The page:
You choose, we deliver
If you are interested in this story, you might be interested in others from The Journal Gazette. Go to www.journalgazette.net/newsletter and pick the subjects you care most about. We'll deliver your customized daily news report at 3 a.m. Fort Wayne time, right to your email.

U.S.

  • Man apprehended after jumping White House fence
    WASHINGTON – The Secret Service has apprehended a man who jumped over the White House fence.
  • Expert says Detroit bankruptcy plan feasible
    Detroit's plan to get out of bankruptcy is feasible, a court-appointed expert testified Wednesday as the last witness in a historic trial to determine whether the largest city in U.S. history to file for Chapter 9 can get back on its feet.
  • Experts: Autopsy shows close-range wound for Brown
    Michael Brown's official autopsy shows the 18-year-old was shot in the hand at close range during a struggle with the Ferguson police officer who fatally shot him, two experts said in a published report Wednesday.
Advertisement
Associated Press
President Barack Obama delivers a speech Tuesday on climate change and sweeping emissions proposals at Georgetown University in Washington.

Obama tackles pollution, climate change

Gives plan to cut emissions, boost clean energy

– President Barack Obama declared the debate over climate change and its causes obsolete Tuesday as he announced a wide-ranging plan to tackle pollution and prepare communities for global warming.

In a major speech at Georgetown University, Obama warned Americans of the deep and disastrous effects of climate change, urging them to take action before it’s too late.

“As a president, as a father and as an American, I’m here to say we need to act,” Obama said.

Obama announced he was directing his administration to launch the first-ever federal regulations on heat-trapping gases emitted by new and existing power plants – “to put an end to the limitless dumping of carbon pollution.”

Other aspects of the plan will boost renewable energy production on federal lands, increase efficiency standards and prepare communities to deal with higher temperatures.

Even before Obama unveiled his plan Tuesday, Republican critics in Congress were lambasting it as a job-killer that would threaten the economic recovery. Obama dismissed those critics, saying the same arguments have been used in the past when the U.S. has taken other steps to protect the environment.

“That’s what they said every time,” Obama said. “And every time, they’ve been wrong.”

Obama also offered a rare insight into his administration’s deliberations on Keystone XL, an oil pipeline whose potential approval has sparked an intense fight between environmental activists and energy producers.

The White House has insisted the State Department is making the decision independently, but Obama said Tuesday he’s instructing the department to approve it only if the project won’t increase overall net emissions of greenhouse gases.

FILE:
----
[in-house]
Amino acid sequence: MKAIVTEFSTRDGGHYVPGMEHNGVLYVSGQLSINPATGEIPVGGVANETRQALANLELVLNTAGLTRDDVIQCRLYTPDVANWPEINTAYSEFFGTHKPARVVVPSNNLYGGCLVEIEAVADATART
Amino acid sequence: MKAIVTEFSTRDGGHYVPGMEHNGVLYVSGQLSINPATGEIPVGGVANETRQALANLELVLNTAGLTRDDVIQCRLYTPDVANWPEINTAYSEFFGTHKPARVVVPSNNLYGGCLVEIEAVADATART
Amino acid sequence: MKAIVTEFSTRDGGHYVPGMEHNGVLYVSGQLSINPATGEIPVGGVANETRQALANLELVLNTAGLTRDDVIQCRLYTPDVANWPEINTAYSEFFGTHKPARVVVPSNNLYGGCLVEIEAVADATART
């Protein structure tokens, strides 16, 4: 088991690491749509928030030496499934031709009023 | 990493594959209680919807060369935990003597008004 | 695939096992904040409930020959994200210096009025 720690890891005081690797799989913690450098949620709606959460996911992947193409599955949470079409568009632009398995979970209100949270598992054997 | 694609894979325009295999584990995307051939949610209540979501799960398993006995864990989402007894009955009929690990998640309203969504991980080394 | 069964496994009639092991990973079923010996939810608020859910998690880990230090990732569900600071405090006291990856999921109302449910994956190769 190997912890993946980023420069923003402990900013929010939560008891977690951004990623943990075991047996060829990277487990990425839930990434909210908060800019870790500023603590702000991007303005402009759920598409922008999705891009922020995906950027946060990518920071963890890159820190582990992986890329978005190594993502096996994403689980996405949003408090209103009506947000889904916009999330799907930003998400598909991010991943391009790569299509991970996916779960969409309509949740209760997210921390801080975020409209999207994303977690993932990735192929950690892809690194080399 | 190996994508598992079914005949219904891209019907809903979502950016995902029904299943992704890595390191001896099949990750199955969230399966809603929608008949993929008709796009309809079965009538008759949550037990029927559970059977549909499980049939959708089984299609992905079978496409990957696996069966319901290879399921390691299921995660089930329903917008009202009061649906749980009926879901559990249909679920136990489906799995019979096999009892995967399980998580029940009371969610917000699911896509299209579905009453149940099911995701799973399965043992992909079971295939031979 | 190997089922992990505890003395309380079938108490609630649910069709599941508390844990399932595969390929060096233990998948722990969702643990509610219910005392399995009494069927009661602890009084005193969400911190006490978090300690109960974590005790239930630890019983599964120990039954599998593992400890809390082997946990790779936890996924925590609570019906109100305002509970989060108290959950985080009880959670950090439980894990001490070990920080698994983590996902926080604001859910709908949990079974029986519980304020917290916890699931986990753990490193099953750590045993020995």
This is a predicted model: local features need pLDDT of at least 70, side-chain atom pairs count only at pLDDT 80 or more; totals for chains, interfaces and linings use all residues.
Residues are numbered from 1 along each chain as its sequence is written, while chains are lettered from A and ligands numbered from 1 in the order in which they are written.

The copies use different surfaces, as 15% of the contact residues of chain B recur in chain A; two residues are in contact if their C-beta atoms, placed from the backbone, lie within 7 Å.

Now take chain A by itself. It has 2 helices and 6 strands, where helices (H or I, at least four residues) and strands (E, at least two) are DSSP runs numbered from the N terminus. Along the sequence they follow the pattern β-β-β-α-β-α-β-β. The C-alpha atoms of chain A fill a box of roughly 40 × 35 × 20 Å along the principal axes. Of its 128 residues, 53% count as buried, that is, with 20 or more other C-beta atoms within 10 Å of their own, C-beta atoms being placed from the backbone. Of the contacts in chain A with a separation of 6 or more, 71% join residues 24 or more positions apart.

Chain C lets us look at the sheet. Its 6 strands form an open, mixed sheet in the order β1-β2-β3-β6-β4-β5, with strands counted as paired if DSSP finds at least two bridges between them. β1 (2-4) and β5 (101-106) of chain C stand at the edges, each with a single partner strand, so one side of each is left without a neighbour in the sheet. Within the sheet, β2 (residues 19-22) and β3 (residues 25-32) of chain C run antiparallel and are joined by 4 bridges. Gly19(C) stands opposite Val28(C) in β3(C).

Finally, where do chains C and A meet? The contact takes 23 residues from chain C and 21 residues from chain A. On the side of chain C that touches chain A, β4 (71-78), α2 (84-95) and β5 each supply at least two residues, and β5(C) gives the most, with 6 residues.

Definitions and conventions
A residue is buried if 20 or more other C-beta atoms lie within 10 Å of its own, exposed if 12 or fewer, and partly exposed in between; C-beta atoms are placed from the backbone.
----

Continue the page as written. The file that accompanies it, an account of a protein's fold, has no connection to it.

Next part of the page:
Obama mocked those who deny that humans are contributing to the warming of the planet, adding that he “doesn’t have much patience” for anybody who refuses to acknowledge the problem.

“We don’t have time for a meeting of the flat-earth society,” Obama said.

Obama’s far-reaching plan marks the president’s most prominent effort yet to deliver on a major priority he laid out in his first presidential campaign and recommitted to at the start of his second term: to fight climate change in the U.S. and abroad and prepare American communities for its effects. Environmental activists have been irked that Obama’s high-minded goals never materialized into a comprehensive plan.

Obama also announced $8 billion in federal loan guarantees to spur investment in technologies that can keep carbon dioxide produced by power plants from being released into the atmosphere.

But the linchpin of Obama’s plan is the controls on new and existing power plants. Forty percent of U.S. carbon dioxide emissions, and one-third of greenhouse gases overall, come from electric power plants, according to the federal Energy Information Administration. The Obama administration already has proposed controls on new plants, but those controls have been delayed and not yet finalized.

Tuesday’s announcement came just weeks after Obama’s nominee to head the Environmental Protection Agency, Gina McCarthy, assured senators during her confirmation process that the EPA was “not currently” developing any regulations on existing sources of greenhouse gases. McCarthy said if EPA were to look at such regulations, it would allow states, the public and others to “offer meaningful input on potential approaches.”

“What he’s proposing isn’t big enough, doesn’t move fast enough, to match the terrifying magnitude of the climate crisis,” Bill Snape of the Center for Biological Diversity, said.

Others hailed the plan, galvanized by the fact that Obama was taking action on his own after Congress’ reluctance to tackle the issue using legislation.

“The president nailed it: this can’t wait,” said Frances Beinecke, president of the Natural Resources Defense Council.

Advertisement